Blood tests set for man in killing

Arundel police act after drug use reports

January 25, 2002|By Laura Barnhardt | Laura Barnhardt,SUN STAFF

Anne Arundel County police are testing the blood of a 26-year-old Glen Burnie man to determine whether he was under the influence of drugs Tuesday night when he was arrested and accused of fatally stabbing his father and seriously wounding his stepmother, a department spokesman said yesterday.

A search warrant to conduct the testing was obtained because witnesses told detectives that they suspected Charles Martin Grierson was under the influence of a drug when he was arrested at his parents' house immediately after the attack, said Lt. Joseph E. Jordan, a police spokesman.

Friends of the suspect -- one of whom said he was at the house at the time of the arrest -- have described Grierson as a PCP user.

Also yesterday, county police officials said they had no reason to question the judgment of officers who answered a 911 call from the couple's Glen Burnie house hours before the attack and found Grierson there alone.

Grierson is being held without bail at the county Detention Center in Annapolis, charged with first-degree murder and first-degree assault.

His father, Fred Charles Grierson, 62, a self-employed home improvement contractor, was found fatally stabbed in his home in the 100 block of St. James Drive about 9 p.m. Tuesday.

Fred Grierson's wife, Deborah, 42, was seen by neighbors fleeing the couple's home, screaming for help and bleeding from multiple stab wounds to her upper body. She was in serious but stable condition yesterday at Maryland Shock Trauma Center, a hospital spokeswoman said.

Police recovered at the house a large kitchen knife that they think was the weapon used, according to court charging documents.

Officers were dispatched to the Griersons' home at 5:45 p.m. Tuesday, after someone called 911 but hung up without speaking, Jordan said. Worried that the call might have come from a victim of domestic violence, officers checked the house. They found Charles Martin Grierson alone.

When officers asked Grierson why he had dialed 911, the man didn't answer the question but told the officers, "Everything is OK. I don't need police service," Jordan said.

Grierson told the three officers that he lived at the house with his father, though he also shared an apartment with a roommate in the 200 block of Wood Hill Drive, about a mile away, the spokesman added.

Officers said Grierson allowed them to look around the house, and that they found nothing out of place. The officers, seeking to determine whether the man was lucid, asked him the time and date and the name of the president, Jordan said. Grierson answered all questions correctly, he said.

"The officers didn't feel [Grierson] was exhibiting any signs he was going to hurt himself or others," said Jordan.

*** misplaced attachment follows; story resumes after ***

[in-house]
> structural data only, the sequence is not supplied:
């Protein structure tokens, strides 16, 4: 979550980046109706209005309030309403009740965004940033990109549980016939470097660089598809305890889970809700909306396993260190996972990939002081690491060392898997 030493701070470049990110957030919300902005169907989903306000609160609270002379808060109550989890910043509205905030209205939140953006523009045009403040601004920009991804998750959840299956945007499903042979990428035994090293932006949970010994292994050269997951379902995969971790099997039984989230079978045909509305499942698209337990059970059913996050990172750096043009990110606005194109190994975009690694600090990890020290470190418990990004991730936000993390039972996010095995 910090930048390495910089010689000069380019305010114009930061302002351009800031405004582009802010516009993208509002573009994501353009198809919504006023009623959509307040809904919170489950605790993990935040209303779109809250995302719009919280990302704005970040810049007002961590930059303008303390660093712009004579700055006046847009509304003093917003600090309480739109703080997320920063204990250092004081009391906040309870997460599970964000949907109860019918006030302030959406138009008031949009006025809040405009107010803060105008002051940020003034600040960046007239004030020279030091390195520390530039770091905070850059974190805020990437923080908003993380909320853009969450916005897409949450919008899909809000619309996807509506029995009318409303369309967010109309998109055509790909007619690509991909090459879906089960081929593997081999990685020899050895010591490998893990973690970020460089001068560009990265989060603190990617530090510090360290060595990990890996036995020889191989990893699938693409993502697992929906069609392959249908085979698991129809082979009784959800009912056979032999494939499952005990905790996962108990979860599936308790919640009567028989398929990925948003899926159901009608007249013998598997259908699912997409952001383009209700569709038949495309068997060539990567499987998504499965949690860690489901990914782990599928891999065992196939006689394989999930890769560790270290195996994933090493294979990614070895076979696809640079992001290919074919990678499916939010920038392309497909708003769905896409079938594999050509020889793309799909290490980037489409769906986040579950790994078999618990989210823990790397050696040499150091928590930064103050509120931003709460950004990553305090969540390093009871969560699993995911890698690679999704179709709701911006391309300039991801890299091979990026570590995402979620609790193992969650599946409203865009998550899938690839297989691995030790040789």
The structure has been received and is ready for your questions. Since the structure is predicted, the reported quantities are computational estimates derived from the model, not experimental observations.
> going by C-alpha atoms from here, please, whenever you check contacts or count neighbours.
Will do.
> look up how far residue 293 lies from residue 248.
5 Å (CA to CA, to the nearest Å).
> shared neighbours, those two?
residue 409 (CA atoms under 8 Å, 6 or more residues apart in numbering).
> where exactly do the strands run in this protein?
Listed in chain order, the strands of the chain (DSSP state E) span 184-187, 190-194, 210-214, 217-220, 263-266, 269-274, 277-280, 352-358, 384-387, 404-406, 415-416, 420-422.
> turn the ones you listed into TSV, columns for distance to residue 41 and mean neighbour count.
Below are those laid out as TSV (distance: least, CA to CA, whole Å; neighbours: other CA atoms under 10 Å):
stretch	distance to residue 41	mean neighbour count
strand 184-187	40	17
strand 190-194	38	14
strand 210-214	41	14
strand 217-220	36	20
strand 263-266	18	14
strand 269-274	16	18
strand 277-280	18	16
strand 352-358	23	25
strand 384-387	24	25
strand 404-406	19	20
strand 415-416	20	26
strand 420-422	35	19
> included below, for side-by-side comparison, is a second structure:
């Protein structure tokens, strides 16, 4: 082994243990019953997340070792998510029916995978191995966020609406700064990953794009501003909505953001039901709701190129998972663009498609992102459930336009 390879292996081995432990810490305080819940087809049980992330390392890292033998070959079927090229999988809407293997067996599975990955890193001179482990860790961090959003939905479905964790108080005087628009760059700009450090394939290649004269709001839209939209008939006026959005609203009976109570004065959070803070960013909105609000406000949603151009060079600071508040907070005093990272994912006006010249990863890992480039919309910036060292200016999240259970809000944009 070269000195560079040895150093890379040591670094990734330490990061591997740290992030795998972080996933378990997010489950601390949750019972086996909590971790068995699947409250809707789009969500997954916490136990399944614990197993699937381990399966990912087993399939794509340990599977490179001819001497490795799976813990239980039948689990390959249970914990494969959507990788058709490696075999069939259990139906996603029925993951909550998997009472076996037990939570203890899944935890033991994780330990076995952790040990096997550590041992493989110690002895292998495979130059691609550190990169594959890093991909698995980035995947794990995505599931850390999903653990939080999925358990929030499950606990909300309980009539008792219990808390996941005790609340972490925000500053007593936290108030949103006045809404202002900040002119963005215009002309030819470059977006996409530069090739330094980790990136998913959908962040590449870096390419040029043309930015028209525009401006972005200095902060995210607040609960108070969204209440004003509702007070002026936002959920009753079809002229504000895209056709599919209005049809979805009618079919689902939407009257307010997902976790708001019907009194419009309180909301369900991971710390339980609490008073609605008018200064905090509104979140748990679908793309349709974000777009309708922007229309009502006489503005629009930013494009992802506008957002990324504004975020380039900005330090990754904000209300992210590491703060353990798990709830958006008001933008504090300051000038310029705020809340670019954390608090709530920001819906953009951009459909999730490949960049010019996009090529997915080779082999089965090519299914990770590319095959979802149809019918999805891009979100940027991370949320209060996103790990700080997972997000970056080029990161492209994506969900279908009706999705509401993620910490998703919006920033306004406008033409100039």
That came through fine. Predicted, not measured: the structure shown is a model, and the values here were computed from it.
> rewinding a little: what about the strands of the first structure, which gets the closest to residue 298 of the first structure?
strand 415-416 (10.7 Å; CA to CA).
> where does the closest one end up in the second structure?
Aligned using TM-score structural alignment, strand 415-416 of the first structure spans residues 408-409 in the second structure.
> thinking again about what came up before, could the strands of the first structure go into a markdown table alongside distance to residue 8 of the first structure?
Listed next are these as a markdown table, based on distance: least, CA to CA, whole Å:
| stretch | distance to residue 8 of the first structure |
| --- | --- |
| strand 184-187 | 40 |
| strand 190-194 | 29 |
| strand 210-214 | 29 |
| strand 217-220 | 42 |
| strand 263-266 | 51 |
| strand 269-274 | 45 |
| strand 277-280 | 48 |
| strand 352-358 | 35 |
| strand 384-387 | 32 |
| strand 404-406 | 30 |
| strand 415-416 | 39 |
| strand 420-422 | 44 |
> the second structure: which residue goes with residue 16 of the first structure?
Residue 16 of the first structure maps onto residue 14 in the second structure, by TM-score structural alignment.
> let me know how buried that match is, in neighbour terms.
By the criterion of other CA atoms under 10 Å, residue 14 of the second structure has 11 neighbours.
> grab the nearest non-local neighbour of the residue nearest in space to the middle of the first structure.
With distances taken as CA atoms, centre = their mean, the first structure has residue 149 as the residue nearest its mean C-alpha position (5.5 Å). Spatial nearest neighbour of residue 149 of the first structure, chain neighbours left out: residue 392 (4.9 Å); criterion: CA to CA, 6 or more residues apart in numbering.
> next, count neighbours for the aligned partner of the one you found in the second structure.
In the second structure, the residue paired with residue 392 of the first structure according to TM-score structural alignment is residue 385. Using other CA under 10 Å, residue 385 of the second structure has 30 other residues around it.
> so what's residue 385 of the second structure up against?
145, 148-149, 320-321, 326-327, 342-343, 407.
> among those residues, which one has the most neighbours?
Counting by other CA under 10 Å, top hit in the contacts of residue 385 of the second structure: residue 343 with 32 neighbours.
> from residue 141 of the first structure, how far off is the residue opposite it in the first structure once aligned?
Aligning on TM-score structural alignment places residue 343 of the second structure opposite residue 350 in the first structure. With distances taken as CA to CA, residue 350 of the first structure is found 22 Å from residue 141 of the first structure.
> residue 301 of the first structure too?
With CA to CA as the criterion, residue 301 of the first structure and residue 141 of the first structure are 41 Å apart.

Officers must call for an ambulance if they believe a person is at risk of overdosing or in need of medical attention, Jordan said. And if officers find evidence of drug use, they can charge a suspect with possessing a drug or drug paraphernalia. But, Jordan said, "Officers can't arrest someone because they think they're high."

According to court documents, Charles Grierson had a short history of arrests on such charges as disorderly conduct and alcohol violations, but none had resulted in a conviction. He was given probation before judgment this month for failing to obey an officer, according to the court documents, which show that his probation is to expire next year.

After Grierson's arrest Tuesday night, his friends said he had a drug problem that started about six months ago when, they said, he began smoking PCP.

His roommate, Mike Frech, and another friend, Dave Herron, said that a few days before his arrest, the usually meticulous Grierson's behavior became bizarre and out of character.

"Sometimes, he wouldn't talk at all, and sometimes he'd want to talk you to death," Frech said. "He was acting real strange."

PCP use has been declining in the county, said Lt. Randall R. Jones, head of the county police narcotics and vice unit. The chemical -- which can stay in the body's tissue for weeks and trigger flashbacks -- causes users to disassociate from reality and have trouble comprehending what's happening around them, he said.

Violent tendencies and the inability to feel pain often accompany the high of PCP, which is generally dipped onto tobacco or leaves and smoked, Jones said.

To test Grierson for drug use, detectives obtained a search warrant Wednesday ordering that blood be drawn from the man.

The results are pending.

Sun staff writers Rona Kobell and Andrea F. Siegel contributed to this article.

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